Three northern SK communities to host Spirit North activities
- NC Raine | February 14, 2019
Winters in Saskatchewan can be particularly long and cold, with many finding little reason, or motivation, to brave the outdoors for extended periods of time. A study from Stats Canada showed that only 9% of a sample of children aged 7 – 14 met the Canadian physical activity guideline of 60 minutes of moderate-to-vigorous physical activity a day. Spirit North is working to change that.
Spirit North is an Alberta-based charity that provides cross-country skiing programs and other sports and activities to Indigenous youth. A grant from Indigenous Services Canada is allowing Spirit North to expand their program to communities in Saskatchewan and Manitoba in 2019.
“It’s really exciting to be expanding to different provinces and reach more and more kids every year,” said Laura Filipow, Program Director at Spirit North.
In Saskatchewan, Spirit North will start in three communities later this winter: Mistawasis First Nation, Montreal Lake Cree Nation, and Sally Ross School at Hall Lake.
Spirit North was founded in 2009 as a way to introduce Indigenous youth to cross country skiing. It is now overseen by Olympic gold medalist Beckie Scott – the first Canadian, and North American woman, to win an Olympic medal in cross country skiing. The program isn’t just about introducing kids to skiing, but developing healthy physical and mental practices in northern communities.
“The health and wellness benefits of a program like this – getting kids out and active on skis, is something that’s almost immeasurable. The feedback we get from teachers and participants on health benefits is something that can’t be understated,” said Filipow. “Many of the remote communities we work with don’t otherwise have access to outdoor programming.”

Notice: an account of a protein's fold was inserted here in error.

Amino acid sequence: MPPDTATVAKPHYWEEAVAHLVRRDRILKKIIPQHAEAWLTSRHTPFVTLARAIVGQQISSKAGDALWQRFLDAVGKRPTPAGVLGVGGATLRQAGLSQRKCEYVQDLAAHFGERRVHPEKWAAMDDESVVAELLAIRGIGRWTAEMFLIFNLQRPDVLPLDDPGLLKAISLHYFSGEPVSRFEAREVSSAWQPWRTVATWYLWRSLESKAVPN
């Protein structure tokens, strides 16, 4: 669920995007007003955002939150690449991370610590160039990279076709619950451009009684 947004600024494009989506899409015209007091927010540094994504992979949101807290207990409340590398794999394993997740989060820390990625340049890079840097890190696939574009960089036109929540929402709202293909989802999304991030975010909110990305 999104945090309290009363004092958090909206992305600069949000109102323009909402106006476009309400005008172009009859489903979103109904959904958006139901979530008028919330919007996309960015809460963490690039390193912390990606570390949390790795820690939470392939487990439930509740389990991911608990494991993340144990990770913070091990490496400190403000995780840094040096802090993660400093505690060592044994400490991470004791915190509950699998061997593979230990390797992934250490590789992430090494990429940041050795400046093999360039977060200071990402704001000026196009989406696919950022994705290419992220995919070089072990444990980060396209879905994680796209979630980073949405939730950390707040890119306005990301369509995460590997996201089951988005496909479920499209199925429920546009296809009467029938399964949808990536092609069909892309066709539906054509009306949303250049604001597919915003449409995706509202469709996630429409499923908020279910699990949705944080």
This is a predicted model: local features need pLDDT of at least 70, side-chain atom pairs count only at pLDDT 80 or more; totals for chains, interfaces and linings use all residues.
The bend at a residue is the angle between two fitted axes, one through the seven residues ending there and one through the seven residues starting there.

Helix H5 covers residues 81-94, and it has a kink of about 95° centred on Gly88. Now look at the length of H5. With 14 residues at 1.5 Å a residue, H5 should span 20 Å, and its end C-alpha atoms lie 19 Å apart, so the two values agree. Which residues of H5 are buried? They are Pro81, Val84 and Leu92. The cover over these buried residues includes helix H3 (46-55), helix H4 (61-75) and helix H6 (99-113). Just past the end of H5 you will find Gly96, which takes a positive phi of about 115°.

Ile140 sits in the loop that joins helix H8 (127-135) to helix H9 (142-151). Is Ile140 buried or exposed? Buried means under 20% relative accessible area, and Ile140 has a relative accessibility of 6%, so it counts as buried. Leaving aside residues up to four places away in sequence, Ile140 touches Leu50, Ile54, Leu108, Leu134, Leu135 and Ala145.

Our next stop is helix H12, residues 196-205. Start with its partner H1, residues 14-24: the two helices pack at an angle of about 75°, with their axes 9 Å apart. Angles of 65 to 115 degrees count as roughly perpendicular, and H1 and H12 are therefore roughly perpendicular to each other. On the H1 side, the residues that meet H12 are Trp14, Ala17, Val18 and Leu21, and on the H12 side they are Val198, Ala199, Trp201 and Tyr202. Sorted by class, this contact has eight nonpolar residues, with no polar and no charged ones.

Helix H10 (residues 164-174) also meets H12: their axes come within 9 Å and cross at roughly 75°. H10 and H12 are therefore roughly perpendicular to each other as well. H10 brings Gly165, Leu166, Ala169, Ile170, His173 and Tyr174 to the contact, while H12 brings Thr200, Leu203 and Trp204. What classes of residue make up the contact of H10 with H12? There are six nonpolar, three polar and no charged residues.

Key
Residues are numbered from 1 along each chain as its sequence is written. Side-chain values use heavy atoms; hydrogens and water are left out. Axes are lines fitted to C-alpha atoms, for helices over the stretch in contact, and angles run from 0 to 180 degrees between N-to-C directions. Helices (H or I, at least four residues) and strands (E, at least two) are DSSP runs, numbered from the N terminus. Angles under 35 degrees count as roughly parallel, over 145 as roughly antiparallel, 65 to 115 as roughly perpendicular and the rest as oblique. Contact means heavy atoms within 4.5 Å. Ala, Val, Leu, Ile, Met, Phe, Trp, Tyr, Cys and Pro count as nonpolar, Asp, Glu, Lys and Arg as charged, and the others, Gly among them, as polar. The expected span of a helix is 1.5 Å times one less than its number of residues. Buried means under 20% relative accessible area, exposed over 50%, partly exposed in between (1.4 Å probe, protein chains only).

According to Spirit North, schools recorded a 98% attendance on Spirit North ski days, 99% of students enjoyed the ski days, and 90% wanted to exercise more after ski days. Participants also found a positive impact on mental health, with 90% of students discovering that exercise helped them “feel better inside.”
“We’ve had so much positive feedback from teachers who have seen some of their kids, who might be more hyperactive, now able to sit and focus,” said Filipow.
“The kids are just stoked to have the physical activity. So many of them get cabin fever in the winter (...) and in some cases, parents are taking part in the program. They’re finding it a good way to get connected with their kids in a different way.”
Lannie Houle is one of the program instructors who works with eight different Indigenous communities, teaching the kids to ski, but also sharing her story about how physical activity has opened opportunities in her life.
“It’s about setting goals, yet having fun at the same time,” said Houle. “The kids are excited about it, and always wanting to get better. And the teachers tell us how much it helps with focusing in class.”
“The kids learn that being healthy and exercising can also be a lot of fun,” she said.
In addition to the three communities in Saskatchewan, Spirit North currently offers programs to 7 communities in British Columbia, 44 in Alberta, and 4 in Manitoba. The outdoor, land-based programming also includes snow shoeing, cross country running in the fall, hiking in the spring, and canoeing and fishing in some communities.
Filipow said Spirit North visits each community to build the program that’s right for them. Each community is encouraged to provide input from all its members on what they need. Spirit North then sends professionals, and even sometimes former Olympians, to get the kids out and enjoying the outdoors.
“We want to make sure we build the program in ways that are sustainable for the communities,” said Filipow.
“There’s so much more we can do in Saskatchewan. There’re so many communities that are remote and have amazing kids that want to get outside. So, I think we’ll expand as much as possible in as many communities that’ll have us.”